T.G.W.: I’m am hesitant to say there is a larger truth behind it. We are just a band. And for me personally a song is important and I’m sure for certain people who listen to it it’s important too, but you know, in the context of the world a lot of bands take themselves very serious and think they are really important to the world… I’m not a part of that. We are doing what we are doing but I know the limits of what we are doing and… It’s just things that we are doing. And I write the liner notes and I write the lyrics… Yes, they mean something to me, but I don’t think everybody has to read them and it’s mandatory and it’s a big thing. We are just a band. We are trying to do something special, trying to do it with a lot of quality. But there are real issues in the world, we are polluting the environment, we are killing all the animals, we are waging war for thousands of years… so, how important is a band and their lyrics and their liner notes? In reality it’s nothing. Unfortunately. It would be nice to be in a world where the most important thing is music. It doesn’t have to be a utopia, you know, it’s basically in our hands. But apparently human beings have to be violent, be destructive and that’s the world we have created. I mean, who is shaping the world? We are and if you think it is terrible then you should change it.

Jernej: And what do you think we as individuals can do about it?

T.G.W.: There’s many examples in history. You can change it in the small picture by leading a life where you can look in the mirror in the evening and you don’t feel embarrassed. I am a vegetarian, for me no animal has to die. I don’t pollute the environment, I don’t own a car and so on. I live a very modest life, I’m not into luxury or anything like that. I don’t waste resources. That’s just my own decision, I’m not a missionary, I’m just… You ask me and I am answering it.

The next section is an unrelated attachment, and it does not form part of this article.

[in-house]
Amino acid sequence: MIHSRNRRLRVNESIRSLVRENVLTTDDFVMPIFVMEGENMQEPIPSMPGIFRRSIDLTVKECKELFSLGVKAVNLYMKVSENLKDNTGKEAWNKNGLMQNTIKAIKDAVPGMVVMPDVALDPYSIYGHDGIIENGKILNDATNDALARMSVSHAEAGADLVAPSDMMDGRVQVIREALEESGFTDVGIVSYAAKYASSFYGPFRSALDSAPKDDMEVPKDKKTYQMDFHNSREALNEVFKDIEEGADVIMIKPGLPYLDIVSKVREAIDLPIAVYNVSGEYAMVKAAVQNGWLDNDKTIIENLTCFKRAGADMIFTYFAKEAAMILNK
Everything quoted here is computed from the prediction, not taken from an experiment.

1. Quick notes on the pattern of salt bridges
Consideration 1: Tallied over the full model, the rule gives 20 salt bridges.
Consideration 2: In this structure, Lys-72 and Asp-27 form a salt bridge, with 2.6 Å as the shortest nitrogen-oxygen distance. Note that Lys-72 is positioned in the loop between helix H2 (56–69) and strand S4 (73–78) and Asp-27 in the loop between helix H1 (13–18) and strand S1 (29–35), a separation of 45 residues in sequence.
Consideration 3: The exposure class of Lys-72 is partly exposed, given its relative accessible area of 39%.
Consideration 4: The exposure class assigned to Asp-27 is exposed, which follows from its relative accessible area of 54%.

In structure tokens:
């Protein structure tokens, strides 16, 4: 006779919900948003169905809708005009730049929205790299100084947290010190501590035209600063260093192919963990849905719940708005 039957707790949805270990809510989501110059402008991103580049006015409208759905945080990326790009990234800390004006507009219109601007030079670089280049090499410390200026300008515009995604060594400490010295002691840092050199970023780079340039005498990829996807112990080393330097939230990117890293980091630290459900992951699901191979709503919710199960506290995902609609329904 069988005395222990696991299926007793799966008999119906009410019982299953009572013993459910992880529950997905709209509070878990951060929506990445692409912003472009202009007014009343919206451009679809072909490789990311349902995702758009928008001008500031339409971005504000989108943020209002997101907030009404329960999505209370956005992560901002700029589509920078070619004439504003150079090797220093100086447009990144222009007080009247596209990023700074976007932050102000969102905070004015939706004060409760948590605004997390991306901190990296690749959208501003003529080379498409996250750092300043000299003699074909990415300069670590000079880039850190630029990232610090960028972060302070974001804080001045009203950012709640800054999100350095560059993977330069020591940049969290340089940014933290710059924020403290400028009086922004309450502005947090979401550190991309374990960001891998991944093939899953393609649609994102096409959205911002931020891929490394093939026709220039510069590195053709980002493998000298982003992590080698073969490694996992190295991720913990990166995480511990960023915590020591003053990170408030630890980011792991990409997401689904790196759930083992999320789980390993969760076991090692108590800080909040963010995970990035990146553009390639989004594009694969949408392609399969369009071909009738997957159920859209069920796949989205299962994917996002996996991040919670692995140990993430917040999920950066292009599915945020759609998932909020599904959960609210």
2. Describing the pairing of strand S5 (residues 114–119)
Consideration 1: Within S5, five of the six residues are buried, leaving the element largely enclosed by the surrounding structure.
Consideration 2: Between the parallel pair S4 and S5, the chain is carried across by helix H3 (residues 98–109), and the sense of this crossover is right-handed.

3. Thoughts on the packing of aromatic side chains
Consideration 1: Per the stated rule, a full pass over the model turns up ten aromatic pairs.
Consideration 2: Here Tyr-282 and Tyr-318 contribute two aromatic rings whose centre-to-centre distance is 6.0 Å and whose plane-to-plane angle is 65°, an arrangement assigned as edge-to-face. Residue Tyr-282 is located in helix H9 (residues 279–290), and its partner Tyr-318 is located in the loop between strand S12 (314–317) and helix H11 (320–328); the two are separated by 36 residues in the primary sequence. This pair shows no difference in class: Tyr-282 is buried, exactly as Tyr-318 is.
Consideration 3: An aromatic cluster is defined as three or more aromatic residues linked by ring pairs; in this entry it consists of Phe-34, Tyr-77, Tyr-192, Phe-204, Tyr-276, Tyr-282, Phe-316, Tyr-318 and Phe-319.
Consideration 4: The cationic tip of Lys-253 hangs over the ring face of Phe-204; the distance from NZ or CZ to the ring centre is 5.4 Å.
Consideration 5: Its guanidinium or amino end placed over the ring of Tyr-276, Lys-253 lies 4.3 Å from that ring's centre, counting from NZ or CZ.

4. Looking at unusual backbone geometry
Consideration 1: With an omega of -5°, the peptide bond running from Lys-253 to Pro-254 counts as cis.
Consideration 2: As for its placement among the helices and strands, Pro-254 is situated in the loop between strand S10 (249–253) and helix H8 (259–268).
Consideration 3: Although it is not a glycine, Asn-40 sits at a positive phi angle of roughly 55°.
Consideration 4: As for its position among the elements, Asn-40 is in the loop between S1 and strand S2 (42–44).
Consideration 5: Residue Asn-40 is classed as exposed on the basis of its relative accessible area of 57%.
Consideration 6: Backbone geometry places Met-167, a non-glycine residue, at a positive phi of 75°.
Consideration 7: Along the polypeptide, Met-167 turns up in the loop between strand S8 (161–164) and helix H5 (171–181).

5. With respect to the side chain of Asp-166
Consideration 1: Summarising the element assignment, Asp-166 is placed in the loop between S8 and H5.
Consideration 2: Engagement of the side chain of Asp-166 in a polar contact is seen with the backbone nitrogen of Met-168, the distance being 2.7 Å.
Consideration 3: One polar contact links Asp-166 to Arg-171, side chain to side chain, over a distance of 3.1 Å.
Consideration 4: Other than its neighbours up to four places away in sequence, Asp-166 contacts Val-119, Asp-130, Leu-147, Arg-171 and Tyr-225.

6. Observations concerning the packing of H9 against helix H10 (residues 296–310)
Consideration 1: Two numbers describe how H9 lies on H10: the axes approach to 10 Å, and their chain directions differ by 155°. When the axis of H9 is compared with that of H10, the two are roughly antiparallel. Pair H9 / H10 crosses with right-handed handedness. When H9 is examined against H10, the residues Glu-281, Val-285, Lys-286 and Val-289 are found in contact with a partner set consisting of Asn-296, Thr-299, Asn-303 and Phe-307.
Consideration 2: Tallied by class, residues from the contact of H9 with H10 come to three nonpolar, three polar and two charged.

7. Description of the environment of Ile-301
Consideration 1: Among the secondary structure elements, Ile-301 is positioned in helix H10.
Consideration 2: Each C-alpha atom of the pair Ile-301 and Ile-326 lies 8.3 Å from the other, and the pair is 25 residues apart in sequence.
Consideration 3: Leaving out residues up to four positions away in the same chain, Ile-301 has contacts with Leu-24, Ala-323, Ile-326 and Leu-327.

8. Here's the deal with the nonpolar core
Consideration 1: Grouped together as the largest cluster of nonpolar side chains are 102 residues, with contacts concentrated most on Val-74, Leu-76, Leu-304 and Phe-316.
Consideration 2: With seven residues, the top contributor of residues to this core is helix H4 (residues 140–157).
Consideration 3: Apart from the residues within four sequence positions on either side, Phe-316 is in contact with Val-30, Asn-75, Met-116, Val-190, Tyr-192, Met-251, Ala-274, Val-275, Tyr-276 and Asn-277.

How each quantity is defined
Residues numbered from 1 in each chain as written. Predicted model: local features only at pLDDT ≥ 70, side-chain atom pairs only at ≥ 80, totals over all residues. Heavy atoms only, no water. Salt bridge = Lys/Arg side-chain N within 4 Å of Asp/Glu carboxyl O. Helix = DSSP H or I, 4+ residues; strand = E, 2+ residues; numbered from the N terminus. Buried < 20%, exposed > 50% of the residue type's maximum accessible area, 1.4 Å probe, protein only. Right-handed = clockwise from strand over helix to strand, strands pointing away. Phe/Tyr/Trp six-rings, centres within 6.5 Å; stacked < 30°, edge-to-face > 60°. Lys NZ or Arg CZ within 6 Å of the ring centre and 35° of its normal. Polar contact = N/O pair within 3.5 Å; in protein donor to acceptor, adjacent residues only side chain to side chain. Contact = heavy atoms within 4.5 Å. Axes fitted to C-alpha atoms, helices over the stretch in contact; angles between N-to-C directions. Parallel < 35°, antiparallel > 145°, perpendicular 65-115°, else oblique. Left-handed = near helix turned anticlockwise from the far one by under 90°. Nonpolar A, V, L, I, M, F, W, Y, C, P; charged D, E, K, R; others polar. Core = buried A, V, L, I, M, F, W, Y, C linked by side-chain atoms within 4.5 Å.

And in the bigger picture, I mean, look at the history, even recent history. Look what happened in France during the french revolution. People were unhappy with what their leaders did, they went there, they took their leaders out of their palaces and beheaded them. Sometimes I look at the news and I think it would be time again to do that to our leaders. Because the world they are creating is terrible. At the end of the day we are more than them. We are the people who enable them to do this. We are the armies, we are the people that pay them, we are the people who elect them. We could also be the people to just yank them out of their seats and behead them and then it’s the end of this bullshit.